WASHINGTON – American poet Louise Gluck, winner of the Nobel and Pulitzer prizes for her distinctively austere writing, has died, a Yale University spokeswoman told AFP on Friday.
The New York native, 80, most recently taught at Yale as a poetry professor.
She died of cancer, The New York Times reported, citing friend and former Yale colleague Richard Deming, on Friday at her home in Cambridge, Massachusetts.
Gluck was the 2020 Nobel laureate in literature, the 16th woman to win the award. Her idols included other winners of the same prize, such as William Butler Yeats (1923) and T.S. Eliot (1948).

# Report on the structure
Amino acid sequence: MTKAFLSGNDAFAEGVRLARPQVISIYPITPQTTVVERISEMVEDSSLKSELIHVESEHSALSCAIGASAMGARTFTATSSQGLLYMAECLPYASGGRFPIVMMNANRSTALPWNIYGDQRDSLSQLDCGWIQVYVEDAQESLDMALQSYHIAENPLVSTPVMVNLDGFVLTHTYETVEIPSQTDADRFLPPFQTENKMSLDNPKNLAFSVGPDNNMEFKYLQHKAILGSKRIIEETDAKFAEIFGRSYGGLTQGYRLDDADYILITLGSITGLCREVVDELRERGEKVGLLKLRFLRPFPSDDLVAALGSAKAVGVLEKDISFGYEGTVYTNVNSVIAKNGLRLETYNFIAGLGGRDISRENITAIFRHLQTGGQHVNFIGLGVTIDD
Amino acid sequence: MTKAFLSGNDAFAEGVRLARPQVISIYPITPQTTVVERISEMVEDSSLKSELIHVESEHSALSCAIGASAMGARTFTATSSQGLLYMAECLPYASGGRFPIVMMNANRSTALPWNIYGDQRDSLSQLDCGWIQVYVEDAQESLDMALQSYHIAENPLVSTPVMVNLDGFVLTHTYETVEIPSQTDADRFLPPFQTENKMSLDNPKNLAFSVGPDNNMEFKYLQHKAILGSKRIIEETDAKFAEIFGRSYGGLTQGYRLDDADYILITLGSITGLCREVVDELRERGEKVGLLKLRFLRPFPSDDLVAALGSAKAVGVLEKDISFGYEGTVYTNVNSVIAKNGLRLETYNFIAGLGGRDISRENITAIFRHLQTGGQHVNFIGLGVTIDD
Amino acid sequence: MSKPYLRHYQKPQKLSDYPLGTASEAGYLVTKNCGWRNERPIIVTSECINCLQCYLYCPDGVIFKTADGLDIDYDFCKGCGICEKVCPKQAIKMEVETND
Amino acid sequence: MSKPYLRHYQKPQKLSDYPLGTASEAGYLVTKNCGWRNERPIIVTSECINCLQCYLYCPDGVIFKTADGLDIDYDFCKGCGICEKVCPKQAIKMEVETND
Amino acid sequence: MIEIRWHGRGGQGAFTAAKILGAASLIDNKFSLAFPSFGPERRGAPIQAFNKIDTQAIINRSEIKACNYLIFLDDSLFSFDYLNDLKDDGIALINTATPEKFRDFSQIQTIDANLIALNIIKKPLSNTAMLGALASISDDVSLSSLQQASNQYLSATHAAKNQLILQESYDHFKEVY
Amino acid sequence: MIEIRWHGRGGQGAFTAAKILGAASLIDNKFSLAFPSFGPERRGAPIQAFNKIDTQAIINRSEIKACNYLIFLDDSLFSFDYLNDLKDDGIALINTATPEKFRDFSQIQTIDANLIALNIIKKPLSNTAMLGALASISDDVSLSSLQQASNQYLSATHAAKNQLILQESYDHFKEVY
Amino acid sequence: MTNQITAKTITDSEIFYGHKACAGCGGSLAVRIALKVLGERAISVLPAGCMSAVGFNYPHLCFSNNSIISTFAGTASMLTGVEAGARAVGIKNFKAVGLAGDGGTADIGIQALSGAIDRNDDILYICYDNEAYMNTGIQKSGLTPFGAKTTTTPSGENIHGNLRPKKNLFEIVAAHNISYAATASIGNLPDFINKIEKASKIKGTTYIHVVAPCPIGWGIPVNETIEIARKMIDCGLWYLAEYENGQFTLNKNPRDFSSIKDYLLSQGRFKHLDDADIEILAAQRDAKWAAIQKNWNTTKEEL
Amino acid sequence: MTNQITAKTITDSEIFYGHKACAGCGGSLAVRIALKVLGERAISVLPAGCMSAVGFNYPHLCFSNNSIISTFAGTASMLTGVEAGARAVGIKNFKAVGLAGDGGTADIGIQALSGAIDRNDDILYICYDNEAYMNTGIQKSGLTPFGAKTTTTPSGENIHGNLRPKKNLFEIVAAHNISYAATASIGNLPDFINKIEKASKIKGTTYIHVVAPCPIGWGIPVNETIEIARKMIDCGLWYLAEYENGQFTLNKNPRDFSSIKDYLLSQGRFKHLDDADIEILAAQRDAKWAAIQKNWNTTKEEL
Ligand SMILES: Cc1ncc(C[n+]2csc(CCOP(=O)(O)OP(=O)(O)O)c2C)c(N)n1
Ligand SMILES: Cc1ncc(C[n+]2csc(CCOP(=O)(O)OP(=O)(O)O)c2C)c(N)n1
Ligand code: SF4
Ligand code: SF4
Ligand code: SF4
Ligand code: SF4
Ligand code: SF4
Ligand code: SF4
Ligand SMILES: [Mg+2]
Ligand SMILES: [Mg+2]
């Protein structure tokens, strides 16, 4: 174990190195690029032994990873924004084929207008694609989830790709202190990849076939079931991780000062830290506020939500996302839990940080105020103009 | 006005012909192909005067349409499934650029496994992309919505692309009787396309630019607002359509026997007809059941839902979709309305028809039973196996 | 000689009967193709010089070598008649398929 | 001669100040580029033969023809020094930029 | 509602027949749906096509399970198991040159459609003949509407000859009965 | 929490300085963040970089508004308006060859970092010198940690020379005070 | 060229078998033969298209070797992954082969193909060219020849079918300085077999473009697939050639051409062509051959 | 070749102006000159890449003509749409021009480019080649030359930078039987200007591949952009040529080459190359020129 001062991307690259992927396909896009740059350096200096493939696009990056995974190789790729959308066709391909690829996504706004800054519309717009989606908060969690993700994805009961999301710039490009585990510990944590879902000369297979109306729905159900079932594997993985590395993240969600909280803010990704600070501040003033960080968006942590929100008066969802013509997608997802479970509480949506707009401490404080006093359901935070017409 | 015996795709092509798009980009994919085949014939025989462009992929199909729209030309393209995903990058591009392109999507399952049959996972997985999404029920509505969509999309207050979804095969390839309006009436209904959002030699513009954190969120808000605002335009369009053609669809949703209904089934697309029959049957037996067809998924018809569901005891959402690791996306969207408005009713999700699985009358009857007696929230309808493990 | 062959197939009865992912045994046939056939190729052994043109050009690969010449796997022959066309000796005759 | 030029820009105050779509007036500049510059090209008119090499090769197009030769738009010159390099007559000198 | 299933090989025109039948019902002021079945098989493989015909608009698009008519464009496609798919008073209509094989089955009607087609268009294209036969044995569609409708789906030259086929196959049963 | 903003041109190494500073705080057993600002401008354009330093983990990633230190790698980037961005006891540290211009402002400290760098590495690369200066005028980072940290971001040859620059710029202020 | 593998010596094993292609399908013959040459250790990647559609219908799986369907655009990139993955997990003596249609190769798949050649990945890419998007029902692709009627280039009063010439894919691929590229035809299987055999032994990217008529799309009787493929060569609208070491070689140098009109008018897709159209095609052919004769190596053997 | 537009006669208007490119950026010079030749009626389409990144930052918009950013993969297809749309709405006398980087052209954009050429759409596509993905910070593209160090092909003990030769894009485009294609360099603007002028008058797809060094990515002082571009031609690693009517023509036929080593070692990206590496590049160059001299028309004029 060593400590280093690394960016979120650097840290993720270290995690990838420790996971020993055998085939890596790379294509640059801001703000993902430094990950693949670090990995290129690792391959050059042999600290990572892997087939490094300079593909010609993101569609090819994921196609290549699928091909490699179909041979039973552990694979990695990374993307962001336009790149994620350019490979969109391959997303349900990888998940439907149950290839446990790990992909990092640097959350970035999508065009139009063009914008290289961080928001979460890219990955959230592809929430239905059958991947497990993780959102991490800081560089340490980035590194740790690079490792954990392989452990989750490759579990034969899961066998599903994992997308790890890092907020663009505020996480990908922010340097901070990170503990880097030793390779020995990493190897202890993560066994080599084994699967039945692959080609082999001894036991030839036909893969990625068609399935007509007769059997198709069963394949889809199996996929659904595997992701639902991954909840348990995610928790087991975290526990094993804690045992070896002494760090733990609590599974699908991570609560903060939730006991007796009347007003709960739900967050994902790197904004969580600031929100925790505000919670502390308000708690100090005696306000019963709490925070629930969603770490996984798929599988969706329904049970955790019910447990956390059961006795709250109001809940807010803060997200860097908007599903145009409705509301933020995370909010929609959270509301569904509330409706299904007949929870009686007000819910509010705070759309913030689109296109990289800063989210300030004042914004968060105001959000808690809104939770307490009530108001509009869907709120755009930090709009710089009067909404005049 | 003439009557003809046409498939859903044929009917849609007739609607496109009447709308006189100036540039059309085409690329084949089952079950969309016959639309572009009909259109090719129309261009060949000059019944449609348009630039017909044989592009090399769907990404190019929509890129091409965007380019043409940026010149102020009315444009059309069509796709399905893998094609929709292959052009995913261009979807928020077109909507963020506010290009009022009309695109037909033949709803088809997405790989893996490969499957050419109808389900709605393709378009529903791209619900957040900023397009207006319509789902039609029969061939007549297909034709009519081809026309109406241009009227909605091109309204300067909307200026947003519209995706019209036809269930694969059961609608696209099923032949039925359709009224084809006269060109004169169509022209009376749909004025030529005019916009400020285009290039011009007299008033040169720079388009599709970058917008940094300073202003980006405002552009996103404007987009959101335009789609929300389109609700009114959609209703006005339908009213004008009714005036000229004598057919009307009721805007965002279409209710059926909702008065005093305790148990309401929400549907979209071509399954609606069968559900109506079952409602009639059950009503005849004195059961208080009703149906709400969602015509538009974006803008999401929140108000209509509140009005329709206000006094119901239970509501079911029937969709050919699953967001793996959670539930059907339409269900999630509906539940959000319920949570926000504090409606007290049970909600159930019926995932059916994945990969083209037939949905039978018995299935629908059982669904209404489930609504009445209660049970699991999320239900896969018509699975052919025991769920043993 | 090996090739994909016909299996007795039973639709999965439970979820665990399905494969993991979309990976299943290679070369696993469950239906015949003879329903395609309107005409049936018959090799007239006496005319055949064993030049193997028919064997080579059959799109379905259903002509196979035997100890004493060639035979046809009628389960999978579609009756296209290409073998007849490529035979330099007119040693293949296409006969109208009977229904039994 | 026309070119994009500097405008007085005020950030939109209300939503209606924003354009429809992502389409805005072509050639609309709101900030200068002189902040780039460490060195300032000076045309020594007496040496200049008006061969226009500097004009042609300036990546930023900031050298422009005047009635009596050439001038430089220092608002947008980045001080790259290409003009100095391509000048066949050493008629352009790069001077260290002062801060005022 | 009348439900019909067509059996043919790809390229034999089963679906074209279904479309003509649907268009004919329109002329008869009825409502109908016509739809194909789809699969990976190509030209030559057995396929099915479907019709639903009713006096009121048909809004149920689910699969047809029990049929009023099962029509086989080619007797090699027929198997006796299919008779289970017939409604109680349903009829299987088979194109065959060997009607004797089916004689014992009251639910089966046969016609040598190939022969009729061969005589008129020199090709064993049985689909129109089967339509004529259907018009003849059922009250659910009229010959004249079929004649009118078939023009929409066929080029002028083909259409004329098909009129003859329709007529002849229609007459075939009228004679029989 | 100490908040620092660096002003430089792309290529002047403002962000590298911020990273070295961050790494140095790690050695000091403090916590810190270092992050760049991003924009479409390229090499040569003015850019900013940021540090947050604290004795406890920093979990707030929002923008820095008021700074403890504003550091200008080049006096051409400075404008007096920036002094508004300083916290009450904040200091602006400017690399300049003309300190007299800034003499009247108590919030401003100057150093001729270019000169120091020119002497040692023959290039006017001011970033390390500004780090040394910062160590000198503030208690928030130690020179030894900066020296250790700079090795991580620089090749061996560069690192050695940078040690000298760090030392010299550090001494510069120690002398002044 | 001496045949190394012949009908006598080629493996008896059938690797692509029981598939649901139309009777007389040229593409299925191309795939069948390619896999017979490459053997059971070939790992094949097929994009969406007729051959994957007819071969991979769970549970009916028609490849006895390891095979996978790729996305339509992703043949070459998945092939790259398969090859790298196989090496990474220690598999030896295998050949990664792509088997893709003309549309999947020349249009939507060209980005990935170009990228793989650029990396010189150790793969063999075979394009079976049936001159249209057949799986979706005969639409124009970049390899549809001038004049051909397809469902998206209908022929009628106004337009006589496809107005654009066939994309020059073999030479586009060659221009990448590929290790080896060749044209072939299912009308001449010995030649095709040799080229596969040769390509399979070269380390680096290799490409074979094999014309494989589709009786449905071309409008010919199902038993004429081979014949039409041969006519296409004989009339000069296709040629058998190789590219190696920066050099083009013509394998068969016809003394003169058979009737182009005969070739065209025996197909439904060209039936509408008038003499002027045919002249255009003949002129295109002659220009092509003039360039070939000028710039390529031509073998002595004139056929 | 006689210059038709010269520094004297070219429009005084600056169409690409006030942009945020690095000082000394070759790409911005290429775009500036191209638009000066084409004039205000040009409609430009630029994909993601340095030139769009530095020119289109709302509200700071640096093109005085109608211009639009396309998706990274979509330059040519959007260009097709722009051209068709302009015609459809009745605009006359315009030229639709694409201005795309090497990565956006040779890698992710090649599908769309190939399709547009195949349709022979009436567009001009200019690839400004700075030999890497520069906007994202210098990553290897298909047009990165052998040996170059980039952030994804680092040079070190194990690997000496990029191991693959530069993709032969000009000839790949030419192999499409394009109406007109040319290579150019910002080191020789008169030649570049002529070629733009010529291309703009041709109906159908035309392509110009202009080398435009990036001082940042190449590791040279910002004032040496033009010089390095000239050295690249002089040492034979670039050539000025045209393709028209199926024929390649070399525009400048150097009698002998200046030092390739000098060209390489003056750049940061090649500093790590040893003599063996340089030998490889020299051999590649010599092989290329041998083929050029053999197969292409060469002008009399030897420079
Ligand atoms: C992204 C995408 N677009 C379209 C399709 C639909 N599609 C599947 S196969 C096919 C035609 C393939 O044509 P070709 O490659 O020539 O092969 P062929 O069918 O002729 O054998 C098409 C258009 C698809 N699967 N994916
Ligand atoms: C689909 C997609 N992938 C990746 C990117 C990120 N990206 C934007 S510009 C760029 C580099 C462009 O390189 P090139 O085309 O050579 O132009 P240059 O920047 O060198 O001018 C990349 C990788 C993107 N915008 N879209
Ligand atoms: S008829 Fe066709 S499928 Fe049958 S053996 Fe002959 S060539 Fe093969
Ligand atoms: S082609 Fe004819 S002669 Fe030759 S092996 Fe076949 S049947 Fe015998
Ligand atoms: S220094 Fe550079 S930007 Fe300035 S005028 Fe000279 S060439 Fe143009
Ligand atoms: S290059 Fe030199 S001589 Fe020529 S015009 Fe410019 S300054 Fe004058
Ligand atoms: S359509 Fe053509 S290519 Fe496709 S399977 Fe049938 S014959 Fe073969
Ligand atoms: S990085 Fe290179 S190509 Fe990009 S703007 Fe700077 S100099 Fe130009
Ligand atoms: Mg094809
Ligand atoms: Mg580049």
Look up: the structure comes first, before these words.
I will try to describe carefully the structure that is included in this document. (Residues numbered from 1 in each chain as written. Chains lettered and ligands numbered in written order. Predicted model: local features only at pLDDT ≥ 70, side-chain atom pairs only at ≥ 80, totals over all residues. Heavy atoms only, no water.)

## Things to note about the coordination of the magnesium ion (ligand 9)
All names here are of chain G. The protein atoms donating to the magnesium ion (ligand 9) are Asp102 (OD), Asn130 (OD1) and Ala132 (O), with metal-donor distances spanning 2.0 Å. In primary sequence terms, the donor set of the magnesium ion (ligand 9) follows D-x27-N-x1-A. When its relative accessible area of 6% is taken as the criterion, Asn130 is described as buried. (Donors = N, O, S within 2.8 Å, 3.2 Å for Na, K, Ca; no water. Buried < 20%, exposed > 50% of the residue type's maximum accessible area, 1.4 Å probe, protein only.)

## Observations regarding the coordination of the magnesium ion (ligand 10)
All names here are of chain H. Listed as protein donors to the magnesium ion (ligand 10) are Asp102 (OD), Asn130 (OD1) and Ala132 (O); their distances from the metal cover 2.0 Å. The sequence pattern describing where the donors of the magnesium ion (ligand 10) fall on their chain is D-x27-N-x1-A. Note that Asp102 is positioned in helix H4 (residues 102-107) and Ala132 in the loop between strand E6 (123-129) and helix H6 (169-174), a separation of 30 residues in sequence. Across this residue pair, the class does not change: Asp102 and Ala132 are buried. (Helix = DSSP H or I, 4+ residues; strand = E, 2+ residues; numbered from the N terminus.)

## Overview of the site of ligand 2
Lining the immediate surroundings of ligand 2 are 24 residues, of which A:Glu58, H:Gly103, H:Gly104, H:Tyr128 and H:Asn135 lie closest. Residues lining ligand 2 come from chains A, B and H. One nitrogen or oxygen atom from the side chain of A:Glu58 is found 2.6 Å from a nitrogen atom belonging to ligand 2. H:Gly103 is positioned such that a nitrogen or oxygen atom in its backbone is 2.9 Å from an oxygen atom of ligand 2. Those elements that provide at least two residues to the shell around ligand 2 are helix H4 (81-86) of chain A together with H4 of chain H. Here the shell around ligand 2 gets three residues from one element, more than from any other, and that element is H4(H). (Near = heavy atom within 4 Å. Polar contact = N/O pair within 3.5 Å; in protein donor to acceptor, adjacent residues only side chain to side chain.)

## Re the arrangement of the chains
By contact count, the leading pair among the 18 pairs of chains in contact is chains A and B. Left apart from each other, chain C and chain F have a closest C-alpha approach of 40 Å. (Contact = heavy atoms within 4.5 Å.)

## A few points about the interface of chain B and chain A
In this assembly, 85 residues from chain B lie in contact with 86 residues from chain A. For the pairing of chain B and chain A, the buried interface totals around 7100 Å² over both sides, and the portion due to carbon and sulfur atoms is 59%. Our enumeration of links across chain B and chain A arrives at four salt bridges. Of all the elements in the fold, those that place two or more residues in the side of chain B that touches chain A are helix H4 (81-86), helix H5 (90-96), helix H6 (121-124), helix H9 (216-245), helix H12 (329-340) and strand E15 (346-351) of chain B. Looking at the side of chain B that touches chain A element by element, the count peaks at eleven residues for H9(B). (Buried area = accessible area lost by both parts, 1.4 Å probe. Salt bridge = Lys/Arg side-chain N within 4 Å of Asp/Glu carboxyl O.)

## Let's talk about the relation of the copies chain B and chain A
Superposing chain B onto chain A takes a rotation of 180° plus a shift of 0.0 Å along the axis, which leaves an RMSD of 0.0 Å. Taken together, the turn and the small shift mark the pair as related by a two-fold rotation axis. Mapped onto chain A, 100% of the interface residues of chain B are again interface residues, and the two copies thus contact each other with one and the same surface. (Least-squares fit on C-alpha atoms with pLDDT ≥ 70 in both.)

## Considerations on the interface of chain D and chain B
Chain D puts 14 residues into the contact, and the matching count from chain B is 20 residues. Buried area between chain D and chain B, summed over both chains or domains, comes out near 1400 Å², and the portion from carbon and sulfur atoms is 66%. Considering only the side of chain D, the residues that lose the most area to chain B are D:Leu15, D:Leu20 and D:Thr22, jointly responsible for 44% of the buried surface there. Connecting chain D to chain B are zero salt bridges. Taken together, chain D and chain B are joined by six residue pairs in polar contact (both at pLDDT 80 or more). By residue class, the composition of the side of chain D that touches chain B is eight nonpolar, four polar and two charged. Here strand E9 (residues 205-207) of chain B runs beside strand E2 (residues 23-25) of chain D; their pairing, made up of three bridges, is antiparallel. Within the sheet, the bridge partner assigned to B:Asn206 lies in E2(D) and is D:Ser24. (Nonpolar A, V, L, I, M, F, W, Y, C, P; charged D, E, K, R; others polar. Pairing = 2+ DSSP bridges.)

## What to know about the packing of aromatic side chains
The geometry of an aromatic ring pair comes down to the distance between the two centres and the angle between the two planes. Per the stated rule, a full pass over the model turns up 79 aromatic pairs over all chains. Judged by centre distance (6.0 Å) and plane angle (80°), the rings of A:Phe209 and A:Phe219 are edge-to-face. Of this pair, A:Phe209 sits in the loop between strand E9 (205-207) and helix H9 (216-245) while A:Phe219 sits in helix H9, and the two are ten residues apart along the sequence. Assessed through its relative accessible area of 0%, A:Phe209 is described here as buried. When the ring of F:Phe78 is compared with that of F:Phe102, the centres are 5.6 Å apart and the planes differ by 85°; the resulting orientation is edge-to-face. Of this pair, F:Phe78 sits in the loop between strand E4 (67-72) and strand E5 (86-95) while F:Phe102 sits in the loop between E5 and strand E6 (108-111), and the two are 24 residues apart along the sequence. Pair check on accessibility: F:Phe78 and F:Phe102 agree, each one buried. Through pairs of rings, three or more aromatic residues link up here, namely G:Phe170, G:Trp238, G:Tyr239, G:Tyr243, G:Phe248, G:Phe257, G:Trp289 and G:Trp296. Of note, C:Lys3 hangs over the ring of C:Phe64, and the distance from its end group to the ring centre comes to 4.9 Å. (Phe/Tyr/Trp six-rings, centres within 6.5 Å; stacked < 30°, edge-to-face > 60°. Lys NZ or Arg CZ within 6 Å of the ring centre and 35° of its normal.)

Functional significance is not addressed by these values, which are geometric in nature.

Like theirs, the austerity of her poetry was a source of strength: “The unsaid, for me, exerts great power,” she wrote in a collection of essays on poetry, “Proofs and Theories.”
Gluck’s work was informed by subjects such as nature’s simple beauty and a child’s experience of the world, coupled with the bold storylines of mythology.
Her 2020 Nobel prize honored her for “her unmistakable poetic voice that with austere beauty makes individual existence universal.”
The winner of a Pulitzer Prize in 1993 for her collection “The Wild Iris,” Gluck became a professor despite never finishing college herself.
She grew up in Long Island, New York, the descendant on her father’s side of Hungarian Jews who emigrated in the early 20th century.
She was also the winner of a National Book Award, and served as the US Poet Laureate from 2003 to 2004.